Staff at University of Technology Sydney in
Australia have designed a drive-through coronavirus testing centre in a converted shipping container, which is being hosted at the university.
This fully functioning prototype has been trialled by
Sonic Clinical Trials for nearly a month. Its designers claim it is the country’s “first purpose-built mobile Covid-19 testing centre”.
Deborah Ascher Barnstone, a professor at the
University of Technology Sydney (UTS), and architect Robert Barnstone, who work together as Ascher Barnstone Design, designed the testing centre as a low-cost medical facility that could be easily transported to less developed countries.
The container is designed to be a comfortable and sheltered place for medical staff to use instead of standing outside or under a thin tent.
“Fortunately in Australia, we’ve managed to flatten the curve,” said Deborah Ascher Barnstone.
“However, the pandemic is just getting started in developing countries, which are likely to be some of the hardest hit by this disease,” she added.
“It’s vitally important we protect healthcare workers too, by making sure they can wash their hands, stay safe and stay warm over winter, or cool and sheltered over summer.”
The tests themselves are conducted in the shade of a canopy in front of the container test centre. Inside there is an air-conditioned office space and field laboratory. Once taken and packaged, the samples are couriered to a laboratory for testing.
“People drive up, roll down their windows and are swabbed by medical personnel who remain outside,” Barnstone told Dezeen.
To maintain social distancing, only two members of staff are allowed inside the container at one time. A door separates the patient-facing side from the private side of the centre.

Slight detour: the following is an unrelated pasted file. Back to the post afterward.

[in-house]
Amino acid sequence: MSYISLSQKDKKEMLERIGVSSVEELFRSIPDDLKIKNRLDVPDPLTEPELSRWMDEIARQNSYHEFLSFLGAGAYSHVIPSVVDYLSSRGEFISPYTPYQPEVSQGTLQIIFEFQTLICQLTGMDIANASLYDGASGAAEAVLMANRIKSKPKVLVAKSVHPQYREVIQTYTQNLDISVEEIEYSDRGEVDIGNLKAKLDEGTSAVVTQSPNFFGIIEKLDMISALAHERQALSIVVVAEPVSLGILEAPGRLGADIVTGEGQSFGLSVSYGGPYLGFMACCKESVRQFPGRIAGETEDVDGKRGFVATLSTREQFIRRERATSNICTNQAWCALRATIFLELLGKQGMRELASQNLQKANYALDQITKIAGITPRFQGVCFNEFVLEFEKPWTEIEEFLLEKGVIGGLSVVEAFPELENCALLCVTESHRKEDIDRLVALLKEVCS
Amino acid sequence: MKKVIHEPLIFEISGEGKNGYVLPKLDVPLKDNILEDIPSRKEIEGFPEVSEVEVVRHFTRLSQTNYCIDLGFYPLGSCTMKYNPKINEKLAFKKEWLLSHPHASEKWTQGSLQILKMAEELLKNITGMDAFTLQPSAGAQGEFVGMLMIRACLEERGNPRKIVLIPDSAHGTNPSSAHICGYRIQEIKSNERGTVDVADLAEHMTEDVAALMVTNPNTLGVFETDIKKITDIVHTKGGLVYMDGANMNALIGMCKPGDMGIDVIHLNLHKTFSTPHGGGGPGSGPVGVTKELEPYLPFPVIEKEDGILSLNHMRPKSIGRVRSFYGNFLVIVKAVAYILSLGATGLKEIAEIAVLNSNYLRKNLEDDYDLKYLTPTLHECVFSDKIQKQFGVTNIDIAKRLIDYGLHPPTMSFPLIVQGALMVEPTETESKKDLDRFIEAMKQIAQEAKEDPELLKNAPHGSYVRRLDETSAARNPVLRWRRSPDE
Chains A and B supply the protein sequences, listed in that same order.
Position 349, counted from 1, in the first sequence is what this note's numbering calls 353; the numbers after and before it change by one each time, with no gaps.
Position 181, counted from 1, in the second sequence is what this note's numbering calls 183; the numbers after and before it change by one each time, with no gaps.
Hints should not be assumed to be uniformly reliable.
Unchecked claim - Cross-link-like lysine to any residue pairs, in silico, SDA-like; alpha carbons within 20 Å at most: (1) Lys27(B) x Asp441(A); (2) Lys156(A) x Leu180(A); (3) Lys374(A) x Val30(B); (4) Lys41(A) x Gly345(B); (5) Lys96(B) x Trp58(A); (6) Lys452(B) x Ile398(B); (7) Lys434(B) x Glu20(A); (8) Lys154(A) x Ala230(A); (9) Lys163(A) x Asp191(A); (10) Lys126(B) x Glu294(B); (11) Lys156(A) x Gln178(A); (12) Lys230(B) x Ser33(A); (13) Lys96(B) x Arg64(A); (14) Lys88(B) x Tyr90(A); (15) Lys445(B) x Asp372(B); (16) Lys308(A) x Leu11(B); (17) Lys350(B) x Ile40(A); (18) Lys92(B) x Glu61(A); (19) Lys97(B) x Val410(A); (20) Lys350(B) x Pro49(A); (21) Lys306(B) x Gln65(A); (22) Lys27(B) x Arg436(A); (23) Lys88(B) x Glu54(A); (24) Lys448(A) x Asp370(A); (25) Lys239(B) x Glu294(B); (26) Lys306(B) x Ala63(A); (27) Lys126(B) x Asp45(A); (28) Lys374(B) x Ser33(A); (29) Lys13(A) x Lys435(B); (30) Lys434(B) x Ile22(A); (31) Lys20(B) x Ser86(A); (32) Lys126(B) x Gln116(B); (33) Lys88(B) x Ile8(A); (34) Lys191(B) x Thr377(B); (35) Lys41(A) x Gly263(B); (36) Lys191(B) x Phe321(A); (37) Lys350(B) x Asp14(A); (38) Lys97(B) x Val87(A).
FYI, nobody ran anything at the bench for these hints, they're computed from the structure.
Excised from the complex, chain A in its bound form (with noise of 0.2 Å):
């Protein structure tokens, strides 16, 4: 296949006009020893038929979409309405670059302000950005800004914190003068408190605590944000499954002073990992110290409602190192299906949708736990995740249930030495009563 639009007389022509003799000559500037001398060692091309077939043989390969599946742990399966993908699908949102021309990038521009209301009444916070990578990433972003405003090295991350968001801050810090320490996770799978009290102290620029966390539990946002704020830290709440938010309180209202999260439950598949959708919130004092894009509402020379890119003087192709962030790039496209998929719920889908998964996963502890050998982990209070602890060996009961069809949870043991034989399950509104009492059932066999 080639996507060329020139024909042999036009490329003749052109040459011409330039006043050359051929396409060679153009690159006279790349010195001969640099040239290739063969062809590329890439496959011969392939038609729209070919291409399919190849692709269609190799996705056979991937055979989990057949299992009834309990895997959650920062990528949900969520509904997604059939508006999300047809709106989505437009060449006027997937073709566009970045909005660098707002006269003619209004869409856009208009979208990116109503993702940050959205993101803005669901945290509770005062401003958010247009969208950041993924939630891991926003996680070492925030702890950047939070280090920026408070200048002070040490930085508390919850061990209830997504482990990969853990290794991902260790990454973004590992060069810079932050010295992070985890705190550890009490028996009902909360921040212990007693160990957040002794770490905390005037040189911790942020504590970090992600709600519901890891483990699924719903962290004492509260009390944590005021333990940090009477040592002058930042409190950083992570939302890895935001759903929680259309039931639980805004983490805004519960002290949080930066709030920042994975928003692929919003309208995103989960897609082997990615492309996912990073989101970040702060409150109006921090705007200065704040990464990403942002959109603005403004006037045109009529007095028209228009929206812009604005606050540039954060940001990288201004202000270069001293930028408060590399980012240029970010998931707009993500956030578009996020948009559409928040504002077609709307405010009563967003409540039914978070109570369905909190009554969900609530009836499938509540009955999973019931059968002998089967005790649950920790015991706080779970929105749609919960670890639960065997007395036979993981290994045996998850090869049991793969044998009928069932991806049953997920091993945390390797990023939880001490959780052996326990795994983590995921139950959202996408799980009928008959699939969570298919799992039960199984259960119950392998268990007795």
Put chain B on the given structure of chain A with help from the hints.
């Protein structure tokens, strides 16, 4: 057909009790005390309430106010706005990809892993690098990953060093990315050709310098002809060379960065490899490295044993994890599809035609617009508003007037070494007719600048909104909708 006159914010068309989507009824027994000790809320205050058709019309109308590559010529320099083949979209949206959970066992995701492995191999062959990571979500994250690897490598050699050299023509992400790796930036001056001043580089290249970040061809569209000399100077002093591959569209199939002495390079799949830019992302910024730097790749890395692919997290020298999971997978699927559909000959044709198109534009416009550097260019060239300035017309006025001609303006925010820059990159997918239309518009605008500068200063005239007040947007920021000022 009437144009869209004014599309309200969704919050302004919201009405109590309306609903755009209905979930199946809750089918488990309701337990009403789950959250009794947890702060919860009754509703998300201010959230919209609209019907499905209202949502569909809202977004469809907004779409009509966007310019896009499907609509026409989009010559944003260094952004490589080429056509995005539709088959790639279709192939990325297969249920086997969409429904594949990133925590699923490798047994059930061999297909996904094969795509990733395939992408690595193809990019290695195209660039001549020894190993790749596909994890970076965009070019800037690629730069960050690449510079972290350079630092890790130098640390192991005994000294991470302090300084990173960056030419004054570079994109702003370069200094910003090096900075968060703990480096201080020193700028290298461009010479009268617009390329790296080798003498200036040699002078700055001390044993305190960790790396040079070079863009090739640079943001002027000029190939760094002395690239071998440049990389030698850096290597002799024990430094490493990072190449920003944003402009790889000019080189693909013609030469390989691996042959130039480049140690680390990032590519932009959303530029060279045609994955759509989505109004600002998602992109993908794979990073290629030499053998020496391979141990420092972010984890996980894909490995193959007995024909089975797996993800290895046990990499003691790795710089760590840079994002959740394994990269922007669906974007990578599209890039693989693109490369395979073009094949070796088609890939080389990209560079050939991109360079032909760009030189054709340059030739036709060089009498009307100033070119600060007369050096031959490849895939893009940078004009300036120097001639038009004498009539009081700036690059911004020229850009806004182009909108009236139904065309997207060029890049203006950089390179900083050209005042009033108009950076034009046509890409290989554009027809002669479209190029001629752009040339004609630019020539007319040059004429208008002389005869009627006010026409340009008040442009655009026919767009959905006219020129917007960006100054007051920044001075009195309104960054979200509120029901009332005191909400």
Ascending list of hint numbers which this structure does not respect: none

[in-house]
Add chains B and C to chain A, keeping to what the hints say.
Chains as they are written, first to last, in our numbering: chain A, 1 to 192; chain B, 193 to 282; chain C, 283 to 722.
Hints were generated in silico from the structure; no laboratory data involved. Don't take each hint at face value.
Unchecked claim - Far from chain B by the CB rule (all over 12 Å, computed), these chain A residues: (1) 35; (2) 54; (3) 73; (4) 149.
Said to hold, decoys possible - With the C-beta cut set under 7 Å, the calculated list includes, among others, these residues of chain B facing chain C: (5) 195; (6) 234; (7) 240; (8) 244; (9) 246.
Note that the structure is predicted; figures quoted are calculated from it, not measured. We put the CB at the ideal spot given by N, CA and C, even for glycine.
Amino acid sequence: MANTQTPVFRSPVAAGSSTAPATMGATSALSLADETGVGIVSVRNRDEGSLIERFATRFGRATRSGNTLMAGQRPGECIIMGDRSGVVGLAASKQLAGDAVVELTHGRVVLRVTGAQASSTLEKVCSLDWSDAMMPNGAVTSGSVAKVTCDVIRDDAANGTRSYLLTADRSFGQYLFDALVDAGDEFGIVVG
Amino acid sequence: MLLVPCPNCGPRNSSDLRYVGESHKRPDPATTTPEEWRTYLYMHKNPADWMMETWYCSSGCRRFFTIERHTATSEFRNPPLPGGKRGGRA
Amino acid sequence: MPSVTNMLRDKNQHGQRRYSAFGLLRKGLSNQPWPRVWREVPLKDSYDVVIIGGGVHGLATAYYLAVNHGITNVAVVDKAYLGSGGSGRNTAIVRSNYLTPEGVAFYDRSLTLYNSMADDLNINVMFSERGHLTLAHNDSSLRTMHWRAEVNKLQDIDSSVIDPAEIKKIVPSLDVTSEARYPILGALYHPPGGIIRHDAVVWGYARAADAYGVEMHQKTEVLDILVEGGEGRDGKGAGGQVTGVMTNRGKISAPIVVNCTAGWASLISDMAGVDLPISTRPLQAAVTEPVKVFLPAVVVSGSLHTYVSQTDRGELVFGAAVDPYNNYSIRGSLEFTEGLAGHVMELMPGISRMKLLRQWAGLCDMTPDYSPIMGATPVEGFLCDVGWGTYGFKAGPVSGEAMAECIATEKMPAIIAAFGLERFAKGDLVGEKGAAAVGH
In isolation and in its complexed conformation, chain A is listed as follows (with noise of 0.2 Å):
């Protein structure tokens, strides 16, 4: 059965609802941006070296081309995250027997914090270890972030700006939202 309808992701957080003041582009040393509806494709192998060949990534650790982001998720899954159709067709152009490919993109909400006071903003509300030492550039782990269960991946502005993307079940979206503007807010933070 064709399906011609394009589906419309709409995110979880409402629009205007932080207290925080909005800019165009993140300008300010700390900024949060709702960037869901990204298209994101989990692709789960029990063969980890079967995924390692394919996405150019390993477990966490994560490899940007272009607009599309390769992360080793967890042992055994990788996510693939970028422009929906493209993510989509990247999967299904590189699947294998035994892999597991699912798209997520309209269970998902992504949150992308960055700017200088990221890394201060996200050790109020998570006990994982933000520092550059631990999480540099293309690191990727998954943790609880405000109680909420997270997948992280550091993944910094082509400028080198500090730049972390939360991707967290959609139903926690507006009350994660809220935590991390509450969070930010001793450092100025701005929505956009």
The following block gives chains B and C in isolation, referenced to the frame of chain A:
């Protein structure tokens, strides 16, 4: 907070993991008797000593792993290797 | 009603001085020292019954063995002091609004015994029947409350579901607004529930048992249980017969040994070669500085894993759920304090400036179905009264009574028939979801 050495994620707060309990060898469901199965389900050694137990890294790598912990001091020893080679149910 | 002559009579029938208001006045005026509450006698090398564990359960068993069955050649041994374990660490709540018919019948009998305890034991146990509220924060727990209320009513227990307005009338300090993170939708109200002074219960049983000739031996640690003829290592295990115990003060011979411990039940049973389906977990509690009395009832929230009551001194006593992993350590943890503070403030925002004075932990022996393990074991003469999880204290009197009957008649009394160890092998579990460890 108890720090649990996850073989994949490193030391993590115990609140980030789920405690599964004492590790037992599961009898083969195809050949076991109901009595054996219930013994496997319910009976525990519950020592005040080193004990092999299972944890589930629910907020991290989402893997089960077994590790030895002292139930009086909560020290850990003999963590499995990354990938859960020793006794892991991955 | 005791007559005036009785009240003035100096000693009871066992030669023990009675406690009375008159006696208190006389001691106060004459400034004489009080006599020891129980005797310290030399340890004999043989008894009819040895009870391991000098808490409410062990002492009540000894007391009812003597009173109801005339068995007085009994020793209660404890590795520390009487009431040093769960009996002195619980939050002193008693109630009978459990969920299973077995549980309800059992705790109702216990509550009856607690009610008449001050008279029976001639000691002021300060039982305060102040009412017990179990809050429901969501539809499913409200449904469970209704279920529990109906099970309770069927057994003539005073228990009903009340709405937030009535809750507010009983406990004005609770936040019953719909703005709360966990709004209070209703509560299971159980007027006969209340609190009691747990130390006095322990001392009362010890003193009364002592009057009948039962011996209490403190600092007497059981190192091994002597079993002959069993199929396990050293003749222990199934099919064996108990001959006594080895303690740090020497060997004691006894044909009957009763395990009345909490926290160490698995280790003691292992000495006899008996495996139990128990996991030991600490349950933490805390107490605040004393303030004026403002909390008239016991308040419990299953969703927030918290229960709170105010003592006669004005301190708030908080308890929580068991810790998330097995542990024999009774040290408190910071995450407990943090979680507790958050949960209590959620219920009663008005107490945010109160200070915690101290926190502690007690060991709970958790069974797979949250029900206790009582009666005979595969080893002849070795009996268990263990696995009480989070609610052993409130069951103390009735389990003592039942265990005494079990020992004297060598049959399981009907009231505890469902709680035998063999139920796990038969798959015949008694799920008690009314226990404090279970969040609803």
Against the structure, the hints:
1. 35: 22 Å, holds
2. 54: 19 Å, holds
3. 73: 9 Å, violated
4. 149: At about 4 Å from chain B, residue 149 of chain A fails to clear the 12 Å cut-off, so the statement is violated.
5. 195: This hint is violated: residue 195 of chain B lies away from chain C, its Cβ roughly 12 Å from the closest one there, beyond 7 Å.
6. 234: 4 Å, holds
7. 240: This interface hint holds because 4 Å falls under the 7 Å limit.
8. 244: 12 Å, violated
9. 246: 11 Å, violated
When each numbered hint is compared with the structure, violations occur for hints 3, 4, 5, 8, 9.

“The changing space for
personal protective equipment (PPE) is on the exterior in order to protect medical staff,” said Burnstone. “It is a ‘room’ formed when the curtain is drawn, so contamination is never allowed on the interior.”
Converting the 20-foot container involved adding a window opening reinforced with steel. The floor and built-in cupboards are made from MDF and melamine.
A stainless steel sink allows staff to wash their hands properly, with water stored in two recycled tanks that were originally used to hold soybean oil.
Shipping-container intensive care unit installed at Turin hospital
As well as an air-conditioning unit, there’s a heater and an electricity generator. All the electrical wires are hidden in the ceiling behind aluminium composite panels. The exterior was painted with epoxy to create a uniform white and tidy appearance. Wooden and steel struts support the canopy at the front, which is made from cloth.
The conversion was undertaken with the help of refugees to Australia employed by social enterprise P&G Initiatives.
There are plans to take ship this particular centre to Canberra, said Barnstone, and the team is in talks with an NGO in Papua New Guinea about using the design, while they hope that testing company Sonic Clinical Trials will commission more units.
“We are experimenting with a slightly different design using a re-purposed refrigerator truck instead of a shipping container,” said Barnstone.
“The refrigerator truck already has electricity and cooling, would not need to be loaded and unloaded at every site and has an elevator at the rear, which would make it wheelchair accessible.”
Architects have been investigating the possibility of using shipping containers to combat coronavirus since the pandemic began.
Grimshaw has designed a range of testing facilities that could be built in converted shipping containers, while Waugh Thistleton Architects proposed using them to make mobile vaccination units once a vaccine has been found.
In Italy, Carlo Ratti and Italo Rota
installed a two-bed intensive care unit inside a shipping container at a hospital in Turin.
Photography is by David Lawrey Photography and Robert Barnstone.